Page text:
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Lovers of art and artful cocktails gathered at the Corcoran Gallery Saturday night for its fifth annual “Artini” fundraiser.
Mixologist Andy Bixby, who works for D.C. restaurant Smith Commons, drew inspiration from John George Brown’s “The Longshoremen’s Noon,” an 1879 painting hanging in the Corcoran that depicts blue-collar workers enjoying a midday break.
“I love Manhattans,” Bixby said, thinking about what he’d drink on a break, and then revealed the magic ingredient of his “Smoke Over Manhattan”: honey-smoked Jack Daniels.
Bixby and 10 other mixologists shared their cocktails with almost 700 young professionals who paid between $100 and $150 to sample the drinks and support ArtReach, the Corcoran’s educational program.
Sam Haltiwanger from Ardeo + Bardeo mixed apple and brown sugar into his “HANDlebar,” inspired by artist Jane Hammond’s work “Hand Held.”
Haltiwanger said he was struck by the “collage-like” effect of the piece, so he wanted to “have a lot going on ... flavors from different American cultures.”
The party showcased local DJ Chris Nitti and featured appetizers like chocolate-covered strawberries and roast-beef sliders. It was hosted by the 1869 Society, the Corcoran’s organization for young art lovers, and sponsored by Remy Cointreau SA (RCO) and other liquor companies.
Joe Ambrose from P.O.V. at the W Hotel was anointed the “Critics Choice” winner for his “Theo’s Flower,” featuring 42 Below Vodka. It was his take on Terry Winters’s painting “Theophrastus Garden 2.”
Readers voting in the Washingtonian magazine, Artini’s media sponsor, deemed Ronald Flores of Art and Soul their “fan favorite.” His “Zeitgeist” brewed Mount Gay Rum with rooibos tea. His muse was the Aaron Douglas painting “Into Bondage.”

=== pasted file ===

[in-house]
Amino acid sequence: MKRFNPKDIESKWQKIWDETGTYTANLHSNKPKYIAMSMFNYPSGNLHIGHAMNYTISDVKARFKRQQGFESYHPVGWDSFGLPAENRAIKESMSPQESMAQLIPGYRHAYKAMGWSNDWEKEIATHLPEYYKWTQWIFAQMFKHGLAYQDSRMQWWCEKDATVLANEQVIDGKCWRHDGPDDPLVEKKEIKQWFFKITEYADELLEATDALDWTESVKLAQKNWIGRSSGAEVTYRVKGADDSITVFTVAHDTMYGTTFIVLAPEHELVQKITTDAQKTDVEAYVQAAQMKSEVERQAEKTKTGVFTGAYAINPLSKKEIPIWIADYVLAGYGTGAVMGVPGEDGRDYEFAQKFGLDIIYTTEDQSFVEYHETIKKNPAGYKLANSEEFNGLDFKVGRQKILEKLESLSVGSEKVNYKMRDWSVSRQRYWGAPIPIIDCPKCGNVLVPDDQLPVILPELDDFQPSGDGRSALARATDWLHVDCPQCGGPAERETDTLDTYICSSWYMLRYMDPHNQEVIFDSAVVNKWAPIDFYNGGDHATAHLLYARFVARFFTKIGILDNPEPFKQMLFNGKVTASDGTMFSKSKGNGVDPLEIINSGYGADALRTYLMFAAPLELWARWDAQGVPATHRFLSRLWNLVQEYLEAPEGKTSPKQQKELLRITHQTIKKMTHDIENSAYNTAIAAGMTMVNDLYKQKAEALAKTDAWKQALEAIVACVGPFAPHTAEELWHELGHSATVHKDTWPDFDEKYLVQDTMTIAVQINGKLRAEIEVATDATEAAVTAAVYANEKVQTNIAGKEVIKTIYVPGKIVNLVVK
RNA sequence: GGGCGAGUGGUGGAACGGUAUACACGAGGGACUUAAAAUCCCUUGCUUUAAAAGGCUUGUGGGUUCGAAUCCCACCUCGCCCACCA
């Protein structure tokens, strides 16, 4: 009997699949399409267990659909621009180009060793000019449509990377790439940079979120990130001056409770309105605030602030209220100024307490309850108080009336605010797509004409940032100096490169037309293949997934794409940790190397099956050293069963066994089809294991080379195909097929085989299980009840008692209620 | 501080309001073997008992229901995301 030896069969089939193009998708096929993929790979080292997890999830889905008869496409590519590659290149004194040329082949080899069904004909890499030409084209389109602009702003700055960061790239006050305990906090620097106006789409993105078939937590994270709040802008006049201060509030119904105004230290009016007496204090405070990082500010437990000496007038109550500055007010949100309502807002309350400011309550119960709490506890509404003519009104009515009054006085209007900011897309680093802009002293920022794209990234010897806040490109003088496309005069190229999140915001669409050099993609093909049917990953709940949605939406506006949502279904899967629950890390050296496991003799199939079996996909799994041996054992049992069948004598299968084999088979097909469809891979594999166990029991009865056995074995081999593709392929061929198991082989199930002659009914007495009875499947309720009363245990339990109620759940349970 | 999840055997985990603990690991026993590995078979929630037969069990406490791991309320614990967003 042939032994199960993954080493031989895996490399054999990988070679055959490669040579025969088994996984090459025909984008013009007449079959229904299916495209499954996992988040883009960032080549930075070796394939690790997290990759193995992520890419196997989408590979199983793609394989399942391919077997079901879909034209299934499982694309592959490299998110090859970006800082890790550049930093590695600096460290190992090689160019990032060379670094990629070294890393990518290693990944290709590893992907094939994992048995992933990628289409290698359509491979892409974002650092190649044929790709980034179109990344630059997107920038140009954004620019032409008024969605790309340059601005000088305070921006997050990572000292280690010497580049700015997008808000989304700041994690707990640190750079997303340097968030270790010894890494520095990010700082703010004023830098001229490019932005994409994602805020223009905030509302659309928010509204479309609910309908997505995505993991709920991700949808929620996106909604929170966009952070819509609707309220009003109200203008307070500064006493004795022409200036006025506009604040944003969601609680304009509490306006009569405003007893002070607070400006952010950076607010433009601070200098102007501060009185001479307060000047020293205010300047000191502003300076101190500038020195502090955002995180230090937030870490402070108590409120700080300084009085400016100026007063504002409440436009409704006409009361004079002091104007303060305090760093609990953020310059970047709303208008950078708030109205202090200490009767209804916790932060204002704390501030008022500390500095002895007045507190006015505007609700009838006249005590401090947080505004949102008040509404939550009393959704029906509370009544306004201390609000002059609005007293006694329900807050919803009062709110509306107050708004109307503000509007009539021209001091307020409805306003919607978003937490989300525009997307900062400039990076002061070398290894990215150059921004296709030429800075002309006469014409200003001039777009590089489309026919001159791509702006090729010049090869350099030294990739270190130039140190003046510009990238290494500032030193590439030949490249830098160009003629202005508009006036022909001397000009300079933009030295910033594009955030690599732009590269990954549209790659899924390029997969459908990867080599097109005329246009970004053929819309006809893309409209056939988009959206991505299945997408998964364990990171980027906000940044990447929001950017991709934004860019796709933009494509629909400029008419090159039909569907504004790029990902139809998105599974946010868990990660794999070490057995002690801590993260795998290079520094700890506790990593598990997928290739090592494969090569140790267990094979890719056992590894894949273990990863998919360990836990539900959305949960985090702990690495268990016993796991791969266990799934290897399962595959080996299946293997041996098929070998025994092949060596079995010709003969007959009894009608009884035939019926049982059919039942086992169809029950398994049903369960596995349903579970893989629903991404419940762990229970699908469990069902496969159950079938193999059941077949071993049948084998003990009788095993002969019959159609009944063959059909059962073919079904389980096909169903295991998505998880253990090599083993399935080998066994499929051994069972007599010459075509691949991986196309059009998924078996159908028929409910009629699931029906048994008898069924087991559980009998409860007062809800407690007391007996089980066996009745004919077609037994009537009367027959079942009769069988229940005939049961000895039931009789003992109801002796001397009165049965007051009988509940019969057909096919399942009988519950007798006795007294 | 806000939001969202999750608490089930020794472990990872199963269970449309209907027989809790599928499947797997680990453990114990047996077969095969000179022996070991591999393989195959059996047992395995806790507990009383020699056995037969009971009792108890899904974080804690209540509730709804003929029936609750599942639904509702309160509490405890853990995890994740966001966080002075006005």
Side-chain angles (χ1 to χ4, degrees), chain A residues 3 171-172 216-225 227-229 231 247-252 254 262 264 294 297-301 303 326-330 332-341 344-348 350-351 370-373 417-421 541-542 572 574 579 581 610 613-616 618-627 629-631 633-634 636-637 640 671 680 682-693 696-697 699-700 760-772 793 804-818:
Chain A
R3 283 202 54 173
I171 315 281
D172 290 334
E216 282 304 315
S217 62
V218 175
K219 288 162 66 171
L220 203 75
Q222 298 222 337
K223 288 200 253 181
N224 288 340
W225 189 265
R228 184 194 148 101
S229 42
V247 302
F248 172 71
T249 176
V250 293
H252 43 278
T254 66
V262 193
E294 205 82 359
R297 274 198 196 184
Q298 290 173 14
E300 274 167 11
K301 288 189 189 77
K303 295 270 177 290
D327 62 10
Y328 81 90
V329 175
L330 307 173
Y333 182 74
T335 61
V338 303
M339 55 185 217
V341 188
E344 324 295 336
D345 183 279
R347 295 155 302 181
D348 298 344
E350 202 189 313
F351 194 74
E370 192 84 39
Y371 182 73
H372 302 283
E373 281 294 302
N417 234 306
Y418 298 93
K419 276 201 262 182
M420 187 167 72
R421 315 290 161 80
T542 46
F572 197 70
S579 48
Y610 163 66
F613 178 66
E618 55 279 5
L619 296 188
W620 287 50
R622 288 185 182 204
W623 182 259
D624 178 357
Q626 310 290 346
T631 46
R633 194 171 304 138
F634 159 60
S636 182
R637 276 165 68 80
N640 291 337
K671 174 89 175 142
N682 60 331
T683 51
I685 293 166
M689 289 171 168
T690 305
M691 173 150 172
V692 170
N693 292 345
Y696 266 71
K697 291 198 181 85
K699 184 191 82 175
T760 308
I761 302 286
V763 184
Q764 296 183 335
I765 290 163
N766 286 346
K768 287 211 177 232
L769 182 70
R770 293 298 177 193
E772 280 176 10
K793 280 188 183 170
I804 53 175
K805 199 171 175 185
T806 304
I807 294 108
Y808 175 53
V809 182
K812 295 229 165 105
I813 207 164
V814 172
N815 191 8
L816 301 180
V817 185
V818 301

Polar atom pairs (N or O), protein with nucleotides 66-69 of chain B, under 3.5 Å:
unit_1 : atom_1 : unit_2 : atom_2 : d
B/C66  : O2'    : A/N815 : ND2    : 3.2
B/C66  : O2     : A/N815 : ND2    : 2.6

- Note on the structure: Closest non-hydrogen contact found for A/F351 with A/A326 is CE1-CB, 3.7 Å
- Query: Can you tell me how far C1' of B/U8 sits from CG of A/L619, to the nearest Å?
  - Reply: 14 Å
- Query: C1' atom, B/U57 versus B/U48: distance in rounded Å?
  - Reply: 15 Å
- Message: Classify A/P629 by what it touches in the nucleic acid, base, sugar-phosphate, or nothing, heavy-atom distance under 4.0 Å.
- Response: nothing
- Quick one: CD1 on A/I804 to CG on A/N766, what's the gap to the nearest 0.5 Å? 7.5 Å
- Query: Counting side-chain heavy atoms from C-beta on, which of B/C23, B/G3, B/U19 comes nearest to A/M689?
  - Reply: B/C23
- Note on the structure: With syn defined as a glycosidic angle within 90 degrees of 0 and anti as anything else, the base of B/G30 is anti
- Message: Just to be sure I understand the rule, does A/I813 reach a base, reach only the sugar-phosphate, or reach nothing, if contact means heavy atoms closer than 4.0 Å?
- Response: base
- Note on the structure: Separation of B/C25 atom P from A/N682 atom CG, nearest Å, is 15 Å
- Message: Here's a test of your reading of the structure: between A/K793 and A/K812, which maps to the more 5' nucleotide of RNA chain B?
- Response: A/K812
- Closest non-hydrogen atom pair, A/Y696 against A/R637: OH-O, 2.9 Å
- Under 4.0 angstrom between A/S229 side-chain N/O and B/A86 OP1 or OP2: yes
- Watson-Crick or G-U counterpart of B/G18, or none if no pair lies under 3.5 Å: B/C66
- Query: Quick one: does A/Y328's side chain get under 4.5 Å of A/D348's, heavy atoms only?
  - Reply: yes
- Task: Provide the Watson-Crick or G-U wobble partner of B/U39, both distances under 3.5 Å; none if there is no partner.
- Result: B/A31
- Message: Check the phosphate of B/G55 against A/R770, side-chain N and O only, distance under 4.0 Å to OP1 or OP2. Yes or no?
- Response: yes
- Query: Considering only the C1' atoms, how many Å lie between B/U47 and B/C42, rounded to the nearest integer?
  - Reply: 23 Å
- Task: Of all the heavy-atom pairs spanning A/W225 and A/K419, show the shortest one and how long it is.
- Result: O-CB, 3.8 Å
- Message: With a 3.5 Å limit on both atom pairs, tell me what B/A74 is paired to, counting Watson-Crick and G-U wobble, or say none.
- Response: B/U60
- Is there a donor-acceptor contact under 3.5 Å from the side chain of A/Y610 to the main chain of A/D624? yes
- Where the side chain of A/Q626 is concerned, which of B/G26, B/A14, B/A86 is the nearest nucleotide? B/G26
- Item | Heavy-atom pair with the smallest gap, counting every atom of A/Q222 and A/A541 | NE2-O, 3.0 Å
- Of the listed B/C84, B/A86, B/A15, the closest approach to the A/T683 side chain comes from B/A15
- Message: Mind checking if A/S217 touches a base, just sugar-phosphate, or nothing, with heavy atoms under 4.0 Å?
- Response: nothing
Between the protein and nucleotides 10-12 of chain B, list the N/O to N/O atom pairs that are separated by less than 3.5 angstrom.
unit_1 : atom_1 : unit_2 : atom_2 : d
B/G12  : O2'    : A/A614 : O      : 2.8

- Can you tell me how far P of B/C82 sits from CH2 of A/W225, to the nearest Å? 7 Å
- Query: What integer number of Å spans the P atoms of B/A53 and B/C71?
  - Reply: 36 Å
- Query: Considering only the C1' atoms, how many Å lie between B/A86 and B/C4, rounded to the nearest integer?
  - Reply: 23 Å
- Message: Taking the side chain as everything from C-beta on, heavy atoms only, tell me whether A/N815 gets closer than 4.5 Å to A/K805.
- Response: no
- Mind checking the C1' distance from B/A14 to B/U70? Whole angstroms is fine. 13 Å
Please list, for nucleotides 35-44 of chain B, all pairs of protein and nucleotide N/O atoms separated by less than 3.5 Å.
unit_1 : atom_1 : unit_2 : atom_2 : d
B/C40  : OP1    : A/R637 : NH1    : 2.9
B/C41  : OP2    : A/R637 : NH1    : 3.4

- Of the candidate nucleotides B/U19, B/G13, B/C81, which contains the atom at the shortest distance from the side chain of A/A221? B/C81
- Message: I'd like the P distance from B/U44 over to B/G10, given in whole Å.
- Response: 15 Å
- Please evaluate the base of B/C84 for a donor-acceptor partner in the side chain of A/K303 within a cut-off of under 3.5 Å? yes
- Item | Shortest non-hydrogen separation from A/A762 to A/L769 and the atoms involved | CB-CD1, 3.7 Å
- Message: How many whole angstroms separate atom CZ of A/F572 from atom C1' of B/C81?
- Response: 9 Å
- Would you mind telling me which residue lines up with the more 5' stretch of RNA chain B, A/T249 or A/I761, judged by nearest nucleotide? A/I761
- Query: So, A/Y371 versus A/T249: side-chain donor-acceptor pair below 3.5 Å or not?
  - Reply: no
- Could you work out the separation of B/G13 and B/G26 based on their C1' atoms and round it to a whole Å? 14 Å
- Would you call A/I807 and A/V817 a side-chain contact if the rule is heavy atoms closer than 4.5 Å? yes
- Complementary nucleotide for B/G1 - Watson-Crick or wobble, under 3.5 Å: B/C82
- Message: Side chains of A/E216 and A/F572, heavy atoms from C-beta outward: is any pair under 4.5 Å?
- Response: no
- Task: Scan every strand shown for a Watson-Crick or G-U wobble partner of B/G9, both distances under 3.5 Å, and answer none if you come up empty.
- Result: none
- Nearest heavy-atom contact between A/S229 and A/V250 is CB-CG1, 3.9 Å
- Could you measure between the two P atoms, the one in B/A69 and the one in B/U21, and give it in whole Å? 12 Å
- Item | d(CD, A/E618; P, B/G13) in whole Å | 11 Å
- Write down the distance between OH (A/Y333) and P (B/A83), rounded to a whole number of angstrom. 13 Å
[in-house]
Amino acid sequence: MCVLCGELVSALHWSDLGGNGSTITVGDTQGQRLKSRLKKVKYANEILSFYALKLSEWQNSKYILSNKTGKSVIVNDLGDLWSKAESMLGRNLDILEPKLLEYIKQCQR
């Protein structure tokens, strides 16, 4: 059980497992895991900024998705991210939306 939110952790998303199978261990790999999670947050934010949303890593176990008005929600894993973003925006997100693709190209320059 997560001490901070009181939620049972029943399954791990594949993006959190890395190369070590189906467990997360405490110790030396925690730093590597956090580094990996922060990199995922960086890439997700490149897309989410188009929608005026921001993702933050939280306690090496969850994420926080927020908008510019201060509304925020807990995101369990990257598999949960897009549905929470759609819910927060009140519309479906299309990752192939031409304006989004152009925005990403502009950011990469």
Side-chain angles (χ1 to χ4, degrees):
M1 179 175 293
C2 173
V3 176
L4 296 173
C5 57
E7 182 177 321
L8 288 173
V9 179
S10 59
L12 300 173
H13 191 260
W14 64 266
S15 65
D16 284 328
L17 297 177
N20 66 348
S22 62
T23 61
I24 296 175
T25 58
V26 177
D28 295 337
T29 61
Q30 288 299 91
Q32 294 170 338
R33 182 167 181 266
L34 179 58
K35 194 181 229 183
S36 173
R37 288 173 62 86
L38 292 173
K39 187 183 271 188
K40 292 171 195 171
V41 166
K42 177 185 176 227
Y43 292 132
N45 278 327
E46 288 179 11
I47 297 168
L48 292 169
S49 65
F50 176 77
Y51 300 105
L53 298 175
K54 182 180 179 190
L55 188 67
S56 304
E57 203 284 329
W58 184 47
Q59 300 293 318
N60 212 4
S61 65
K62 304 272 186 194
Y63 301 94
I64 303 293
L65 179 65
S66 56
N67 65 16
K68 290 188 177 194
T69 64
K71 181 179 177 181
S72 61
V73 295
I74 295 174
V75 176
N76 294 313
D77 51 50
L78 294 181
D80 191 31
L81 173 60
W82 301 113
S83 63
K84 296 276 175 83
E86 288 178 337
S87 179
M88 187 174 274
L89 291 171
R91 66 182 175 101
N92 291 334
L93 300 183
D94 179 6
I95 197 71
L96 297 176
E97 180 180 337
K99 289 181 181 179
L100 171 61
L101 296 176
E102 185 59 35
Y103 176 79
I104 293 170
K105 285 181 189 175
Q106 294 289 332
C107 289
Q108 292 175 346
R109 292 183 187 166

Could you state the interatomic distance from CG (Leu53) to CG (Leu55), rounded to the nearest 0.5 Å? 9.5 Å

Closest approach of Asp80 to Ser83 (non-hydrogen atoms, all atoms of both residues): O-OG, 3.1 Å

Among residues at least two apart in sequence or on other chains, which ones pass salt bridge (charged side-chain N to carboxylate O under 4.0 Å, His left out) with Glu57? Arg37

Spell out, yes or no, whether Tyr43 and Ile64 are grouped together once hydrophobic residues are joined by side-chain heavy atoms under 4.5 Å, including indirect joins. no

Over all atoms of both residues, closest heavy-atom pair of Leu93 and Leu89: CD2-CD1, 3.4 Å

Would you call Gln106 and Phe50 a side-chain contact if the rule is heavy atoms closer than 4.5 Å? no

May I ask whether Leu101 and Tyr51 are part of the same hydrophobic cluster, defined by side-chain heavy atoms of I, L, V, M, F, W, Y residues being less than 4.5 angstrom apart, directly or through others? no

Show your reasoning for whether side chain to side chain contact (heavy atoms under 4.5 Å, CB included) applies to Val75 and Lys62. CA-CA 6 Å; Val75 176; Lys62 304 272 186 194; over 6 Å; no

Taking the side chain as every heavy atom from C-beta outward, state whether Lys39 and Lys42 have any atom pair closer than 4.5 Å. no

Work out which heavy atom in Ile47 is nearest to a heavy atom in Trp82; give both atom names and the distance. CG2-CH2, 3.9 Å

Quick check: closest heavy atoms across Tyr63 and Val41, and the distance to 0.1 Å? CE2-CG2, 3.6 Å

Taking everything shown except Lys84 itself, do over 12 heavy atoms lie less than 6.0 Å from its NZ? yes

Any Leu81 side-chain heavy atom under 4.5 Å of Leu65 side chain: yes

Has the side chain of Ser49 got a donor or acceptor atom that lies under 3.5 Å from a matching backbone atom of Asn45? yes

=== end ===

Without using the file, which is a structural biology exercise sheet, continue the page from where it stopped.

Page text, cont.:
Lee Brenner, a former MySpace executive who now runs hypervocal.com, said he agreed to serve on the steering committee because the crowd of culturally attuned people between the ages of 18 to 35 falls precisely into his irreverent news site’s ideal demographic.
Public-relations professional Lindley Thornburg, the chairwoman of the event, said Artini exposes the variety of restaurants and bars “all over the city”.
The event also gives people like Thornburg and the Corcoran’s vice president of communications and marketing, Kristin Guiter, a chance to show off their artsy chic.
Guiter wore a bright-red vintage number while Thornburg was radiant in white, which blended well with the luminous alabaster sculptures on the Corcoran’s grand staircase.
(Stephanie Green is a writer and photographer for Muse, the arts and leisure section of Bloomberg News. Any opinions expressed are her own.)
To contact the writer on this story: Stephanie Green in Washington at email@example.com or on Twitter @stephlgreen.
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